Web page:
Yet, so much has not changed. People are still people, with the same hearts and hurts, the same dreams, the same problems. The places are all filled, as generation after generation play an eternal game of musical chairs, each taking the place of those who went before. The sky is still blue, the earth still as green and a babe in arms still has that soft, milky smell as every babe ever born. Forget-me-nots still bloom, and seem to tell a story similar to our own.

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Tiny leaflets pierce the soil, barely distinguishable from any other plant, except to the gardener who knows them well. They grow, and buds small and pale, emerge baby-pink and fragile from the protective cocoon of sepals. As the petals begin to unfurl, their colour changes and deepens as they mature and become what they were always destined to be, opening wide to mirror the sun with a golden heart… then, slowly, they fade through the pastel shades of age, setting seeds that cling to everything with which they come into contact. They are carried far and wide and will spread, perpetuating their delicate beauty long after they are gone.

For a moment time stops as I look at the crumbling flower. I am there and then, yet here and now too and the two are not separate but occupy the same time and space within me as, for a scintilla, I am conscious of being outside of the constraints of perceived time. The moments that unfurl like petals in memory have never left; they are not ‘gone’ or ‘lost’ but remain as part of the garden of my own life and from the memories, as much as the moment when the flower was fresh, seeds are continually sown and grow.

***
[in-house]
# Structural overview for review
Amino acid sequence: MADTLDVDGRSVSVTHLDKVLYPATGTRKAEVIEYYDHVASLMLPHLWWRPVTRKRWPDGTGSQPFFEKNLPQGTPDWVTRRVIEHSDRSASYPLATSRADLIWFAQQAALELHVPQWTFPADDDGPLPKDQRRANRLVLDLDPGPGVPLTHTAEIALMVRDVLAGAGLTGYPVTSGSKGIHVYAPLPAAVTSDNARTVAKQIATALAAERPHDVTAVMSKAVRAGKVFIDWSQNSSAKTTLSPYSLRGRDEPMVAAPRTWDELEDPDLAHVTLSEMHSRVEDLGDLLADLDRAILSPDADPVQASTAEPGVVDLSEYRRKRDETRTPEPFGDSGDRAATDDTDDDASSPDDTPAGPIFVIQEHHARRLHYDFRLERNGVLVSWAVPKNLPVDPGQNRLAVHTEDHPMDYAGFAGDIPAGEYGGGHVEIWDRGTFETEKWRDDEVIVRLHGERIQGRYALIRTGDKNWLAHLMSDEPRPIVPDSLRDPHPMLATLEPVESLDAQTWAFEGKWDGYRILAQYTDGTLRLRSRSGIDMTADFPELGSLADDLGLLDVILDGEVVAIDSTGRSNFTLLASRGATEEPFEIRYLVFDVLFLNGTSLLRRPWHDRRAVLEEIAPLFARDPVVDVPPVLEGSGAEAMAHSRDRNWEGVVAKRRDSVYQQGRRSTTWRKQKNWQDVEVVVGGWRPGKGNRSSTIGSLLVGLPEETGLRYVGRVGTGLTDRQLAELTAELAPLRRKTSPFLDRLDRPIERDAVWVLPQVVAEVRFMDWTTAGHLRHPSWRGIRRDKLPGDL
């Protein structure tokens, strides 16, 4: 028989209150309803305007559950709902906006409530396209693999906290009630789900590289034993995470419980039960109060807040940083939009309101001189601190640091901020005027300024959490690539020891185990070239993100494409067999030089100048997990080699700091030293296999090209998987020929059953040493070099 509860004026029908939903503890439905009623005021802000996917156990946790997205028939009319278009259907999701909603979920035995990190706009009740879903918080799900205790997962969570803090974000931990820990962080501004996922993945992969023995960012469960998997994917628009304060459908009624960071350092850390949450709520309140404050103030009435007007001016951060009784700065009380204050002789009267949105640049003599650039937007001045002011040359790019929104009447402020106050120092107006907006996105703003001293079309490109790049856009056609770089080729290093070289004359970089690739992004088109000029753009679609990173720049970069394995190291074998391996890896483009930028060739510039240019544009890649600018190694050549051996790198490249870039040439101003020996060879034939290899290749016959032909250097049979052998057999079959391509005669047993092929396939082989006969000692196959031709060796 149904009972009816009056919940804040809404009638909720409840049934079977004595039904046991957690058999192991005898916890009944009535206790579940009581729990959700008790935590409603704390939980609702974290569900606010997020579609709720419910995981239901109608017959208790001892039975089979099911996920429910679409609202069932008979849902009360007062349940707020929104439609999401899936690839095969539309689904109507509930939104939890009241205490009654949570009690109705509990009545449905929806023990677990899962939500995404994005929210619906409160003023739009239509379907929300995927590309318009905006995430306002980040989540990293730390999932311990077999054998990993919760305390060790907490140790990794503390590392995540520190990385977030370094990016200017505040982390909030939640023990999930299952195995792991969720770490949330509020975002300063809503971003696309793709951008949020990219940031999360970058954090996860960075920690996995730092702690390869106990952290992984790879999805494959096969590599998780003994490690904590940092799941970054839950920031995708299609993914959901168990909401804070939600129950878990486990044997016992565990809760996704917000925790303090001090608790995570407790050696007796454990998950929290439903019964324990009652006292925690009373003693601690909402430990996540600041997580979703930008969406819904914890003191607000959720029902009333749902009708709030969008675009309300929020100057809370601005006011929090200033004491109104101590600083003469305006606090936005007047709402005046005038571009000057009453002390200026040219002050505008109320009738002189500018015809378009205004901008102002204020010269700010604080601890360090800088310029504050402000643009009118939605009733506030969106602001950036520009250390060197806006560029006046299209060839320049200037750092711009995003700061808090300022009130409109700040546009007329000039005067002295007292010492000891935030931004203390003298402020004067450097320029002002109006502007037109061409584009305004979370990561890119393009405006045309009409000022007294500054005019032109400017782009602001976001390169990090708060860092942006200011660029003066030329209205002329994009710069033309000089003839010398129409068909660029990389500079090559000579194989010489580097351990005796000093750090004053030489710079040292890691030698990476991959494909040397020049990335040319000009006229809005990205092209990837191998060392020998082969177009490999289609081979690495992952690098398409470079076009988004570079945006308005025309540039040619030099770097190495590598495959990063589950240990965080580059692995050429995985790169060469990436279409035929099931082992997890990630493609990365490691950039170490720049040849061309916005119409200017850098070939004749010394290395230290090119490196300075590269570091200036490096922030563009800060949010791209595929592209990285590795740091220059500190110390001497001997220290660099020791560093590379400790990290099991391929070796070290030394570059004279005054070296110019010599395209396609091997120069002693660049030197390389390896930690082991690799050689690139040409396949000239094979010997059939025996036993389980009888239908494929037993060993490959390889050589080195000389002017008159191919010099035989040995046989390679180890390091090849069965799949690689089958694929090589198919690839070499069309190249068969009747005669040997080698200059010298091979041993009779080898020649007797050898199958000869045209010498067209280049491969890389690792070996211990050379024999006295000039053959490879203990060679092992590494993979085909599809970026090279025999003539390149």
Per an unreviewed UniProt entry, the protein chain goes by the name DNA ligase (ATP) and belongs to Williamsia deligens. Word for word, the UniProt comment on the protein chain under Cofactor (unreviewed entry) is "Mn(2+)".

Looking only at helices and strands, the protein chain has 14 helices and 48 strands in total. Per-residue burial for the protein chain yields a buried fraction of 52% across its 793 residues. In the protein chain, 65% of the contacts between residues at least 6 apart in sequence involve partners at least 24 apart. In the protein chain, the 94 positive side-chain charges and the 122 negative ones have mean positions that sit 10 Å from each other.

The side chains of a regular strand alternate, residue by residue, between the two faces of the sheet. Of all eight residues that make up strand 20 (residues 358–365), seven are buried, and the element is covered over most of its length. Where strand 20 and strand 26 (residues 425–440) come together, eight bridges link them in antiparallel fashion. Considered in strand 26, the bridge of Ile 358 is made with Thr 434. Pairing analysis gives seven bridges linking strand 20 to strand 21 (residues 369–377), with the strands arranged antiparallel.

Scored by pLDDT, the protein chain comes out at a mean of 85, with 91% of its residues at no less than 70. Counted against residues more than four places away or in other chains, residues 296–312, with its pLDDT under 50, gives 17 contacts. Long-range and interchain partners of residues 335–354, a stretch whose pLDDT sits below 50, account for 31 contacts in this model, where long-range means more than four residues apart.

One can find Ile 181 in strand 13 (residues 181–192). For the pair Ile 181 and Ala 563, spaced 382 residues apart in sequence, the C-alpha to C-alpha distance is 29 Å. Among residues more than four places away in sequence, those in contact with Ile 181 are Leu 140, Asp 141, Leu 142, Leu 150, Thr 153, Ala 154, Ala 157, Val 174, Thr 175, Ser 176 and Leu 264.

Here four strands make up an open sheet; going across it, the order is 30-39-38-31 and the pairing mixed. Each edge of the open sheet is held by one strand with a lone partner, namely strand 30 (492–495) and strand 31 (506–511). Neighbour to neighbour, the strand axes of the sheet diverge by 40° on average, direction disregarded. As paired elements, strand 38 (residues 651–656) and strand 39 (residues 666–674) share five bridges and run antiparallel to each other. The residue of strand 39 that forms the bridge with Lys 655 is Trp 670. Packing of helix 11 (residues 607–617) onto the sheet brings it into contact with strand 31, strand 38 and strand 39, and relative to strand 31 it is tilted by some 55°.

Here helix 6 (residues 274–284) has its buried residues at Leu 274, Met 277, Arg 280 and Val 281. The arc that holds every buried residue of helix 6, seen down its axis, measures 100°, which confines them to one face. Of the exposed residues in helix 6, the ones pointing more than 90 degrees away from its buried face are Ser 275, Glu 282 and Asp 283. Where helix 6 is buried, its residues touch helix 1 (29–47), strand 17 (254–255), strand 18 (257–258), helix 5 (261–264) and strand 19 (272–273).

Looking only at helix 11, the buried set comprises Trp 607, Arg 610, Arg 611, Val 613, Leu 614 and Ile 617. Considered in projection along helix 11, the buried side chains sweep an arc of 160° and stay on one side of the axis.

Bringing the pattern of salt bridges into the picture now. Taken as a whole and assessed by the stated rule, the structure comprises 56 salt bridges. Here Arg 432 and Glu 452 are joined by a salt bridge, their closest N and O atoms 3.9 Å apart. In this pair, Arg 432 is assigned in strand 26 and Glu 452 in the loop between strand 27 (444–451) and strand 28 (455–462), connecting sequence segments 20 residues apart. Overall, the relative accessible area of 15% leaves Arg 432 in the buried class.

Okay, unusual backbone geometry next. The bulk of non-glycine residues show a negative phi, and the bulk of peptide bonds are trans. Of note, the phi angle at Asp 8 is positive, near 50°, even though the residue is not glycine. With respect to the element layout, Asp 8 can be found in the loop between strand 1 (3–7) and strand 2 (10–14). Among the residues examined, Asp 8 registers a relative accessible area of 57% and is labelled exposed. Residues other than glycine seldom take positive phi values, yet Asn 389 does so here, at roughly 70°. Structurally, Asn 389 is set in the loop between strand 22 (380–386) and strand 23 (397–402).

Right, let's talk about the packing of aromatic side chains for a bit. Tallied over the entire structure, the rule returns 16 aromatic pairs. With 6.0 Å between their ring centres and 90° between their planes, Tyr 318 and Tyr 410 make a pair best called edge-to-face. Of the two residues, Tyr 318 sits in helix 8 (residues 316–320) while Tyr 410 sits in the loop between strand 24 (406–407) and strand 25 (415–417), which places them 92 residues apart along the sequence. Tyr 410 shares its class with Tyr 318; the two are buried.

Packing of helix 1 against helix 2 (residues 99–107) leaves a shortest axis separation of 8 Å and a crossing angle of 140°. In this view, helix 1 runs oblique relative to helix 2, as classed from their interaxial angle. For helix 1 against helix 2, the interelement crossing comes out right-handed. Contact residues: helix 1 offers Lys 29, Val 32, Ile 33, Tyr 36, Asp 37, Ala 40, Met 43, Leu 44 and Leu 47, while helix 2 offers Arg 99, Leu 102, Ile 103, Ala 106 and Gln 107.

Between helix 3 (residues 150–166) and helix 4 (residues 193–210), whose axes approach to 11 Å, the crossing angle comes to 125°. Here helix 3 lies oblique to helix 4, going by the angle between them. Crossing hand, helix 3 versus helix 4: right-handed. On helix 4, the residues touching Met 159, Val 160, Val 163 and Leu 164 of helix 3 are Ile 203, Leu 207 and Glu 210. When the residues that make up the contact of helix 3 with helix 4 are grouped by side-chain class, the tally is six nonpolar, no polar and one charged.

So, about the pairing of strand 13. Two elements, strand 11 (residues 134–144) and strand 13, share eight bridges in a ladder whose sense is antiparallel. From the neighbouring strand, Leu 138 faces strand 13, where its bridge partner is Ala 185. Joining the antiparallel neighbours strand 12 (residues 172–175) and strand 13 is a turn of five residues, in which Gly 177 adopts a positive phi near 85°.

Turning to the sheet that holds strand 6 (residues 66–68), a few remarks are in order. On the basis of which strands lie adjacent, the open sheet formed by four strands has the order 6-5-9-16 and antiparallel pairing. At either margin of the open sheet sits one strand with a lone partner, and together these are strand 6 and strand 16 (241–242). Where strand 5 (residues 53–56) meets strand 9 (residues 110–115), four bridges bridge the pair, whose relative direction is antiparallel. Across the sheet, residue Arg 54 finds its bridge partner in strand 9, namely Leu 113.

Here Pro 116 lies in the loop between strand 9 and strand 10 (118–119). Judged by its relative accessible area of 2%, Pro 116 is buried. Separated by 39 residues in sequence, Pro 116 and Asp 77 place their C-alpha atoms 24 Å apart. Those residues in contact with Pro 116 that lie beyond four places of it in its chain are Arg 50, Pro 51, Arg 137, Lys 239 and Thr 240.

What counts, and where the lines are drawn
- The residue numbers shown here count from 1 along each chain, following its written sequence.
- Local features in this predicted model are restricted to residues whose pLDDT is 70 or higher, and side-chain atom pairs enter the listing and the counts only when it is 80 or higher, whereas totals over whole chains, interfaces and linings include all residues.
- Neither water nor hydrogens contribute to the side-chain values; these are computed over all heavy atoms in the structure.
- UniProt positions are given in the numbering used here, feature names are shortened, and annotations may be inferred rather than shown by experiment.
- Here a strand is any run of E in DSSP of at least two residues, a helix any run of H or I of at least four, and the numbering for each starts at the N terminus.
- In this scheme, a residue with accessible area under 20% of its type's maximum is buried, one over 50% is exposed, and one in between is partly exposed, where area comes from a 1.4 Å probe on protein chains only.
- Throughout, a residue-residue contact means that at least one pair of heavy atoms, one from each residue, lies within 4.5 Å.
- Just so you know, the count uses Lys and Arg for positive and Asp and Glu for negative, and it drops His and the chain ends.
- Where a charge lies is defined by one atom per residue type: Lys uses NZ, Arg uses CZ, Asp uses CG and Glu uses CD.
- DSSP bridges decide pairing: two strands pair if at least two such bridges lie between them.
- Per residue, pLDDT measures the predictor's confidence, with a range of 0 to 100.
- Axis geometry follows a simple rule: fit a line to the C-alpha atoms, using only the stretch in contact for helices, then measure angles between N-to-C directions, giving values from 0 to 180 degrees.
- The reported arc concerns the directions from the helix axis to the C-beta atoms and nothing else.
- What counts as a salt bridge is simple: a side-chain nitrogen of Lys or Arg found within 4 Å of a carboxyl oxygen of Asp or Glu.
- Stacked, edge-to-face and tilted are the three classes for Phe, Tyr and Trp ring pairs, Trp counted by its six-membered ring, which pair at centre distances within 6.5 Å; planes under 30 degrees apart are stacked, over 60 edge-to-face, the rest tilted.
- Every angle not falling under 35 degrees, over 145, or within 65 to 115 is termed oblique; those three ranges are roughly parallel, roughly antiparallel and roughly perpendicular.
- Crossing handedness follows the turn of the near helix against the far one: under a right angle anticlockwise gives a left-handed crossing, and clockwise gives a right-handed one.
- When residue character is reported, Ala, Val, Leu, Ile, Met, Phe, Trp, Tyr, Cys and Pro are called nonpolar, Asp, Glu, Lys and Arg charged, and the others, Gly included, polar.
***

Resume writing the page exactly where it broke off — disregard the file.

I return the papery fragments to the earth and the flower has gone full circle… my hands are empty, yet the smile and the memory remain and will bloom every time I see a forget-me-not. They always do. No experience is ever lost, it only slips from consciousness to take root in mind or heart.

Lessons in chocolate

 

Yesterday, I ate very badly.  In fact, I would be hard pushed to find anything healthy in the entire menu. All day. Not that I ate all day, you understand… in fact I ate very little, but, I admit, a nutritionist would cringe. Croissants and hot chocolate for breakfast, coffee for lunch, a melted cheese crumpet for tea, wine and chocolates for dinner and coffee before bed. In fact, about the healthiest part of that lot was the glass of red wine.

I could blame my sons. It was, after all, all their doing;  one provided breakfast, even if he did send me to the supermarket to pick it up on my way to his home and demand to be served his share in bed…  He then turned up on my doorstep, hungry from a bike ride at teatime… This was just before his brother arrived with wine, flowers and chocolates. The wine, apparently, being good for the toothache he was suffering, needed to be opened and as you shouldn’t drink on an empty stomach, the chocolates came in handy…